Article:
The 4th field is the number of second ticks since the last poll. The 5th field is the number of good data samples found. The last 64 will be used by NTPD. The 6th field is the number of sample that didn’t have valid data ready. The 7th field is the number of bad samples. The 8th field is the number of times the mode 1 info was updated while NTPD was trying to grab a sample.

Here is a sample showing the GPS reception fading out:

54364 84927.157  66  65   1   0   0
54364 84990.161  63  63   0   0   0
54364 85053.160  63  63   0   0   0
54364 85116.159  63  62   1   0   0
54364 85180.158  64  63   1   0   0
54364 85246.161  66  66   0   0   0
54364 85312.157  66  50  16   0   0
54364 85375.160  63  41  22   0   0
54364 85439.155  64  64   0   0   0
54364 85505.158  66  36  30   0   0
54364 85569.157  64   0  64   0   0
54364 85635.157  66   0  66   0   0
54364 85700.160  65   0  65   0   0

The ‘mode’ word

Some aspects of the driver behavior can be adjusted by setting bits of the mode word in the server configuration line:

server 127.127.28.x mode Y

mode word bits and bit groups

Bit Dec Hex Meaning
0 1 1 The SHM segment is private (mode 0600). This is the fixed default for clock units 0 and 1; clock units >1 are mode 0666 unless this bit is set for the specific unit.
1-31 - - reserved: do not use

Fudge Factors

time1 time

Specifies the time offset calibration factor, in seconds and fraction, with default 0.0.

time2 time

Maximum allowed difference between remote and local clock, in seconds. Values <1.0 or >86400.0 are ignored, and the default value of 4hrs (14400s) is used instead. See also flag 1.

stratum number

Specifies the driver stratum, in decimal from 0 to 15, with default 0.

refid string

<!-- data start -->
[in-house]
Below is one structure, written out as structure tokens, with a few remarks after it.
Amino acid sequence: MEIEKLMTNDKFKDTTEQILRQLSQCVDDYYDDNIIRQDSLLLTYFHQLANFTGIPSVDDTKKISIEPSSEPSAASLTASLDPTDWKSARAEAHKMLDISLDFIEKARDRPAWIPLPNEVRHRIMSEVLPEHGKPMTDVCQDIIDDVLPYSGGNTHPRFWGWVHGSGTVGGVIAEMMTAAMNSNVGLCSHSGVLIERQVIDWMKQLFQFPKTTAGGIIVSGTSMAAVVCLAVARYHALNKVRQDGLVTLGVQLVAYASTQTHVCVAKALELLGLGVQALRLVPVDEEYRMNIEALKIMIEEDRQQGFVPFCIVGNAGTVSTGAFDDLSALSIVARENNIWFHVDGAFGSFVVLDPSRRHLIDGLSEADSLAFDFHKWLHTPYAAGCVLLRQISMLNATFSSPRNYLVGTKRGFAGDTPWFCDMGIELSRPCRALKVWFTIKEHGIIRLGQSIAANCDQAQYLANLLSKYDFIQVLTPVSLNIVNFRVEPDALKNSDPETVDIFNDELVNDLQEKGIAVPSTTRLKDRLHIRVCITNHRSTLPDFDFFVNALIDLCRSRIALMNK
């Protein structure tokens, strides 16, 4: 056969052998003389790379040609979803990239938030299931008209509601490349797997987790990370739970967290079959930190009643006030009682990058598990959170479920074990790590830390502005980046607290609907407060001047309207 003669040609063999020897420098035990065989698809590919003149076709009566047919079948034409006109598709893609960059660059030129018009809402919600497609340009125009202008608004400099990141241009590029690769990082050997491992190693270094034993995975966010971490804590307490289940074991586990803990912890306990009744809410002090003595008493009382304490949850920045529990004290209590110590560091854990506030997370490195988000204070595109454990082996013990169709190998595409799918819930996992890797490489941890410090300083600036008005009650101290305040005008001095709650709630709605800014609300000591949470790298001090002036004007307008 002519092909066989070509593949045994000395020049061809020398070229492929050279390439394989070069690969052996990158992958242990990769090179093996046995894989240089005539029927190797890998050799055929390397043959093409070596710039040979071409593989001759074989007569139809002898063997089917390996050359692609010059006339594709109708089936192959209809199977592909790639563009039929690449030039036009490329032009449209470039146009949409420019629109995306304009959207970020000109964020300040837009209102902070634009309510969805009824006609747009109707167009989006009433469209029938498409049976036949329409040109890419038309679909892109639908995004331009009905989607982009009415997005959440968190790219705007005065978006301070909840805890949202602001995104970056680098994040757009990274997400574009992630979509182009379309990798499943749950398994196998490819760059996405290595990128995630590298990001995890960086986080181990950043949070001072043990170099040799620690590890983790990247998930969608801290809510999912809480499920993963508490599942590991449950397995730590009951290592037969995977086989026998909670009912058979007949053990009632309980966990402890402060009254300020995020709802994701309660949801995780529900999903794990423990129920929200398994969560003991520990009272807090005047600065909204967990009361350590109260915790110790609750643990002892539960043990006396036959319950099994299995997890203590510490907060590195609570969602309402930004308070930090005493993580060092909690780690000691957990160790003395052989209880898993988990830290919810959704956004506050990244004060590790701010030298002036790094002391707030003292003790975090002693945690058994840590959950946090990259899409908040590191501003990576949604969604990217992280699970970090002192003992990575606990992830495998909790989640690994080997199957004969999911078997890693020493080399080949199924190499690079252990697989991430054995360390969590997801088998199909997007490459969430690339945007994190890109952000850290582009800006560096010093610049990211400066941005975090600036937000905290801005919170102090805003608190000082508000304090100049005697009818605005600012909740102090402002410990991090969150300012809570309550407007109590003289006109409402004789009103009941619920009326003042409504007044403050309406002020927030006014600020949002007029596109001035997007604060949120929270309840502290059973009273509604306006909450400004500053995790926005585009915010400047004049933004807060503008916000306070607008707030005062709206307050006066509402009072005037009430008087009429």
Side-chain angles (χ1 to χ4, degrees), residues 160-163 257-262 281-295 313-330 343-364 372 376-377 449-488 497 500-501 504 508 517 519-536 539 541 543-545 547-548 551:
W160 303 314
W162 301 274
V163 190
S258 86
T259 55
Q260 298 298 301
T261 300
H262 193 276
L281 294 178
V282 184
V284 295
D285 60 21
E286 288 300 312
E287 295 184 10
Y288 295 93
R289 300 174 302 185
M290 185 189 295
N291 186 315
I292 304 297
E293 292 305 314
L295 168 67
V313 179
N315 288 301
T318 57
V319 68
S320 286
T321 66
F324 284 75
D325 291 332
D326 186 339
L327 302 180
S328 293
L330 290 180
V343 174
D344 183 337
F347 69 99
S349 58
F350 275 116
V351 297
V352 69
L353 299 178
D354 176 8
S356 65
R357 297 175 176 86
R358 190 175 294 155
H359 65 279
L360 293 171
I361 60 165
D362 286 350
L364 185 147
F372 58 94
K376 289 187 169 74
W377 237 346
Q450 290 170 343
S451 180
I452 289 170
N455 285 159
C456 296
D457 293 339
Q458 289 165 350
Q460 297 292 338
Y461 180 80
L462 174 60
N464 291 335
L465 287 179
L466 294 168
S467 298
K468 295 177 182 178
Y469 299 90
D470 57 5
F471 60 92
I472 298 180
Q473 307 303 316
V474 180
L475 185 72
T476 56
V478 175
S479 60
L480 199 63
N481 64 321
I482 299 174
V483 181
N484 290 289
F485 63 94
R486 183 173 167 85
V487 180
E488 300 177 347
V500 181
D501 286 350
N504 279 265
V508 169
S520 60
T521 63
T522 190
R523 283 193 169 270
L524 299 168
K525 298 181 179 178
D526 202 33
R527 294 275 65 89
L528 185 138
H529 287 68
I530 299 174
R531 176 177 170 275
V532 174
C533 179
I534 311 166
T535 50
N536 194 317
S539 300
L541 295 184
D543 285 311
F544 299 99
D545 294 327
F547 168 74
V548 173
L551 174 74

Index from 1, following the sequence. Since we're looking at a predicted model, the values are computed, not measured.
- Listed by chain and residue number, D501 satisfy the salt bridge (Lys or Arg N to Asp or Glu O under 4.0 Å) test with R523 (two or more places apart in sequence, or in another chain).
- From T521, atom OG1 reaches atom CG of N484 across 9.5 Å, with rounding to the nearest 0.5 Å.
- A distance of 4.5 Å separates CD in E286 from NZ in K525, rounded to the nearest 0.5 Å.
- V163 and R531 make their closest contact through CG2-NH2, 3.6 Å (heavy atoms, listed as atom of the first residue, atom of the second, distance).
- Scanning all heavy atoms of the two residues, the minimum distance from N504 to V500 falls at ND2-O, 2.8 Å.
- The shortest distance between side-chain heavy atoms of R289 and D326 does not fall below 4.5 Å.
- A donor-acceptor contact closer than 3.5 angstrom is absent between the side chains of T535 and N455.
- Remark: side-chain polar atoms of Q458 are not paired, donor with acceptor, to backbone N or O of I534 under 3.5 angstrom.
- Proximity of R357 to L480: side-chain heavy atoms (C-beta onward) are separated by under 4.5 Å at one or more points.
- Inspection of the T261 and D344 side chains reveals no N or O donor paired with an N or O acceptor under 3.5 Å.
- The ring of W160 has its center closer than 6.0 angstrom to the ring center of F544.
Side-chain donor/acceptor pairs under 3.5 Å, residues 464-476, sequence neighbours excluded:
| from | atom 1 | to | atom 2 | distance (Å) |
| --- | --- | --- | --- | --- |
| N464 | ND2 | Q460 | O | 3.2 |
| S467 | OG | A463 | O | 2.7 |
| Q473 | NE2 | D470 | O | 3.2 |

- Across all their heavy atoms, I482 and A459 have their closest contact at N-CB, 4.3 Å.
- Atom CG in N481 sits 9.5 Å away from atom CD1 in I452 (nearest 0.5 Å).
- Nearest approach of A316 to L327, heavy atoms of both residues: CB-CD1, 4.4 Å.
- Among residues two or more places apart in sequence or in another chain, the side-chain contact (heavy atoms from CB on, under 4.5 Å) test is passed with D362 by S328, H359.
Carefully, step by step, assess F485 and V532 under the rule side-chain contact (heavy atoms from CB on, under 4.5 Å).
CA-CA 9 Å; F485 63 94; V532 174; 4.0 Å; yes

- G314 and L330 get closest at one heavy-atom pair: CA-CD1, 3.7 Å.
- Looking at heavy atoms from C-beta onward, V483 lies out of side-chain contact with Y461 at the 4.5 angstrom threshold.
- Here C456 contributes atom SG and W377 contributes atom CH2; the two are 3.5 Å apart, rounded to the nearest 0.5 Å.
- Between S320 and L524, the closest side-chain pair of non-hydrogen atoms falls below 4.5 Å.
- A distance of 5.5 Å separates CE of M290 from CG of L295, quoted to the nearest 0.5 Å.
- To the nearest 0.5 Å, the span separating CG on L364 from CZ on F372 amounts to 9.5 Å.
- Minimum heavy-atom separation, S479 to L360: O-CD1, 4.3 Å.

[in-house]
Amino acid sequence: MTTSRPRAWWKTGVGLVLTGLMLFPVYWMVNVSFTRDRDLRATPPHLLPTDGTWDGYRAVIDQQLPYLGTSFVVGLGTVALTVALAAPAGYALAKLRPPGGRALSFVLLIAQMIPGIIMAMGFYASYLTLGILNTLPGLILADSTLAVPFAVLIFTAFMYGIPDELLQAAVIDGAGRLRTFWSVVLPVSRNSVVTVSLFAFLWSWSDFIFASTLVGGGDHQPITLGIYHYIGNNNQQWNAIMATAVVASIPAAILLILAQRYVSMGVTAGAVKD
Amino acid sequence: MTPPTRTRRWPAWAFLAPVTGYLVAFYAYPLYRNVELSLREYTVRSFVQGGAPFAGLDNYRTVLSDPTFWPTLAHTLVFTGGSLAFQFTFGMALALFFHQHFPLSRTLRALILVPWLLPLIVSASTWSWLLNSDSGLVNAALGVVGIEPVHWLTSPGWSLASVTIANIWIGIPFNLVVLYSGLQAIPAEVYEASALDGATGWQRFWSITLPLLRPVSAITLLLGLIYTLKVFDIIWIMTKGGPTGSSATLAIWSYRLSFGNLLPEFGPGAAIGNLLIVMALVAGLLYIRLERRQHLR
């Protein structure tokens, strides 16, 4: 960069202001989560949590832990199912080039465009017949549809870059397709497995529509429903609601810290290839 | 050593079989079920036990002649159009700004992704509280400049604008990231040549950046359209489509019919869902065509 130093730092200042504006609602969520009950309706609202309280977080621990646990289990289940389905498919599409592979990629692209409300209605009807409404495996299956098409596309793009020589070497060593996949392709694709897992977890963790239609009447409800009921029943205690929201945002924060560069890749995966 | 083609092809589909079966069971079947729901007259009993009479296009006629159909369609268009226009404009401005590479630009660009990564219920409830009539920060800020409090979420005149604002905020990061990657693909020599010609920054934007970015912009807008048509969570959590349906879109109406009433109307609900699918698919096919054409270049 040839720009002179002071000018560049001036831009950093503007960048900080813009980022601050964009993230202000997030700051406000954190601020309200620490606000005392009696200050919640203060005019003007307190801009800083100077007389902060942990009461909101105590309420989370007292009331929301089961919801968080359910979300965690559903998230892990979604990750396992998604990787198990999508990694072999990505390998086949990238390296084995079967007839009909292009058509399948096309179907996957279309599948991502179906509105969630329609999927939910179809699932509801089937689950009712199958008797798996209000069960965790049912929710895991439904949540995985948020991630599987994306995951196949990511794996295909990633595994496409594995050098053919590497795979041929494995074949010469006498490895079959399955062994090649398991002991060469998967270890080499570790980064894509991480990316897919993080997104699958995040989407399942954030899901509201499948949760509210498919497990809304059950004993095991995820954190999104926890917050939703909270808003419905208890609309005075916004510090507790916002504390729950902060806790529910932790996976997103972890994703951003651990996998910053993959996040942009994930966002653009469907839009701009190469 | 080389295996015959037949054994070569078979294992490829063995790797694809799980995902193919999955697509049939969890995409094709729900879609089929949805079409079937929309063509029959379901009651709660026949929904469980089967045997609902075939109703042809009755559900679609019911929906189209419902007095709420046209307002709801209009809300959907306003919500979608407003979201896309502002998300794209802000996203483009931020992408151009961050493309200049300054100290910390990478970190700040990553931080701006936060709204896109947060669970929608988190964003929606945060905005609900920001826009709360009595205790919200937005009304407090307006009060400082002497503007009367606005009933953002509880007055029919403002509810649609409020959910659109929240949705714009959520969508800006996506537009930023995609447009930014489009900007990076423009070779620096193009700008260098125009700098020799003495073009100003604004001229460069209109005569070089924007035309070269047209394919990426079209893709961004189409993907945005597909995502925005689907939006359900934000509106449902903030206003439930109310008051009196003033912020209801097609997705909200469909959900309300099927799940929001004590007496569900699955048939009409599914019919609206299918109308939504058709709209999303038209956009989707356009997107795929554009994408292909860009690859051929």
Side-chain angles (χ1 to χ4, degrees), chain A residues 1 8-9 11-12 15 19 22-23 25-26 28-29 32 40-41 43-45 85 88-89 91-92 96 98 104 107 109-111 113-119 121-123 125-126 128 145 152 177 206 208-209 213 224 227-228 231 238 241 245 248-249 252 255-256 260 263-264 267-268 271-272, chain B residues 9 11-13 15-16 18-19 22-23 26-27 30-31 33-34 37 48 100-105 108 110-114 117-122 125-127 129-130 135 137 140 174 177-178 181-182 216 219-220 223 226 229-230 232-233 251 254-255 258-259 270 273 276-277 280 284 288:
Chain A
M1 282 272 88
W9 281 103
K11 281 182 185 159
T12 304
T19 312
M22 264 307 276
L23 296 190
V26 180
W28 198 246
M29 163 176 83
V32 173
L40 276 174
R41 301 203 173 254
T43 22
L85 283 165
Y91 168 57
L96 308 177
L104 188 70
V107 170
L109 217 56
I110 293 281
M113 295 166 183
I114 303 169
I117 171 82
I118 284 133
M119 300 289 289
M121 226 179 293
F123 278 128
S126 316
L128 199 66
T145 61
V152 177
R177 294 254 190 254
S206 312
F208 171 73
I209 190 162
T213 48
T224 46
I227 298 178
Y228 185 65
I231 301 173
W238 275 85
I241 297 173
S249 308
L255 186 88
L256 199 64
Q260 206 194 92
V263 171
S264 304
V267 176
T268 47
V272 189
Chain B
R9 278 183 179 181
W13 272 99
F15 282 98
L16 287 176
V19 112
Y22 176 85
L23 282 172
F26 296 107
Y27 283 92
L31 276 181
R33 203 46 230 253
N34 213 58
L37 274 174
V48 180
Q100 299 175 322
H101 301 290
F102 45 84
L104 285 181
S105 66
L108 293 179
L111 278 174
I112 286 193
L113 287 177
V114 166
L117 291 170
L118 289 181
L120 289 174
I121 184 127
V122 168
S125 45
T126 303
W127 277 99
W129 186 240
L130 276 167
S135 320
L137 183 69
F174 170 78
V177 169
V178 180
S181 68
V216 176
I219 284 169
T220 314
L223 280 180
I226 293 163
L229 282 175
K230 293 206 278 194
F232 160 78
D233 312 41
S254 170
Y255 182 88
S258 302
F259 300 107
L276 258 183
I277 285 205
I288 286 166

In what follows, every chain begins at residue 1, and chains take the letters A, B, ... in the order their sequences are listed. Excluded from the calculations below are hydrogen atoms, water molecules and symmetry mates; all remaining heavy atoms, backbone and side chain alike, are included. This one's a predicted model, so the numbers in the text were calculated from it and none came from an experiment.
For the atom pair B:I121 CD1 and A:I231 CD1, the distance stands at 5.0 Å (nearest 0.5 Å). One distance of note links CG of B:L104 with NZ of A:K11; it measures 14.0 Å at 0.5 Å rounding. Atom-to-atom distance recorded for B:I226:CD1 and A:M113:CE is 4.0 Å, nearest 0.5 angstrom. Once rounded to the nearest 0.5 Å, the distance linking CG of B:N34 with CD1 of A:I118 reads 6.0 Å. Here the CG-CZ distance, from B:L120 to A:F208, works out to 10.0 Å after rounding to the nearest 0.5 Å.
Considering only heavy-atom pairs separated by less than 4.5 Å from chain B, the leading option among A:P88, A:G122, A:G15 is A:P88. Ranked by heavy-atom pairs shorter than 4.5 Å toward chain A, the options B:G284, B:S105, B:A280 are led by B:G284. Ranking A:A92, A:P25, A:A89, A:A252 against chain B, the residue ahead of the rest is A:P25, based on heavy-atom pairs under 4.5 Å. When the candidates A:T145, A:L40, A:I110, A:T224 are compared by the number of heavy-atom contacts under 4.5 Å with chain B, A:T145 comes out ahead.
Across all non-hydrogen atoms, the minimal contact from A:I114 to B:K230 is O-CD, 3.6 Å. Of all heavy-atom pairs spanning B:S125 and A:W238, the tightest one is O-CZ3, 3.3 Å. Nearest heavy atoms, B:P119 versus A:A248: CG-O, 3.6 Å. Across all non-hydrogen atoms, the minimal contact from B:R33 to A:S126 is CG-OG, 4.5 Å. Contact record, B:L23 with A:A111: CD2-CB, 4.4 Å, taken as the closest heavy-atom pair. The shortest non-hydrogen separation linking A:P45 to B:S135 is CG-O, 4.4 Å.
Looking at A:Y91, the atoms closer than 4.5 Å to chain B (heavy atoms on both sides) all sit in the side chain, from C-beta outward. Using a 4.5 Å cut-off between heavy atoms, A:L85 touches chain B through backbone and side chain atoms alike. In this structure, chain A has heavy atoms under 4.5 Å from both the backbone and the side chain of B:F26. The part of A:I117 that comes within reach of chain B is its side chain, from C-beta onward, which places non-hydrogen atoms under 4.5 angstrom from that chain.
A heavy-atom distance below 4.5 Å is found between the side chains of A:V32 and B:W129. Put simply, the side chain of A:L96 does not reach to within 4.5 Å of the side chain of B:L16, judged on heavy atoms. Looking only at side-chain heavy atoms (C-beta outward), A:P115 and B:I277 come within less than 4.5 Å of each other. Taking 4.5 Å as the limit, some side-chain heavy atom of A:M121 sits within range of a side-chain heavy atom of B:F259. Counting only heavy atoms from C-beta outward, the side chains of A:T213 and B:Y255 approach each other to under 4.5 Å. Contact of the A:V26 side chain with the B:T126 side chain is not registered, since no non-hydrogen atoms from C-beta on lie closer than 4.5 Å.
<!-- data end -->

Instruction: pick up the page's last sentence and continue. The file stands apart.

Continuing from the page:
Specifies the driver reference identifier, an ASCII string from one to four characters, with default SHM.

flag1 0 | 1

Skip the difference limit check if set. Useful for systems where the RTC backup cannot keep the time over long periods without power and the SHM clock must be able to force long-distance initial jumps. Check the difference limit if cleared (default).

flag2 0 | 1

Not used by this driver.

flag3 0 | 1

Not used by this driver.

flag4 0 | 1

If flag4 is set, clockstats records will be written when the driver is polled.

Public vs. Private SHM segments

The driver attempts to create a shared memory segment with an identifier depending on the unit number. This identifier (which can be a numeric value or a string) clearly depends on the method used, which in turn depends on the host operating system:

There’s no support for POSIX shared memory yet.

NTPD is started as root on most POSIX-like operating systems and uses the setuid/setgid system API to run under reduced rights once the initial setup of the process is done. One consequence out of this is that the allocation of SHM segments must be done early during the clock setup. The actual polling of the clock is done as the run-time user; deferring the creation of the SHM segment to this point will create a SHM segment owned by the runtime-user account. The internal structure of NTPD does not permit the use of a fudge flag if this is to be avoided; this is the reason why a mode bit is used for the configuration of a public segment.

When running under Windows, the chosen user account must be able to create a SHM segment in the global object name space for SHM clocks with public access. Otherwise the session isolation used by Windows kernels after WinXP will get in the way if the client program does not run in the same session.

Additional Information

Reference Clock Drivers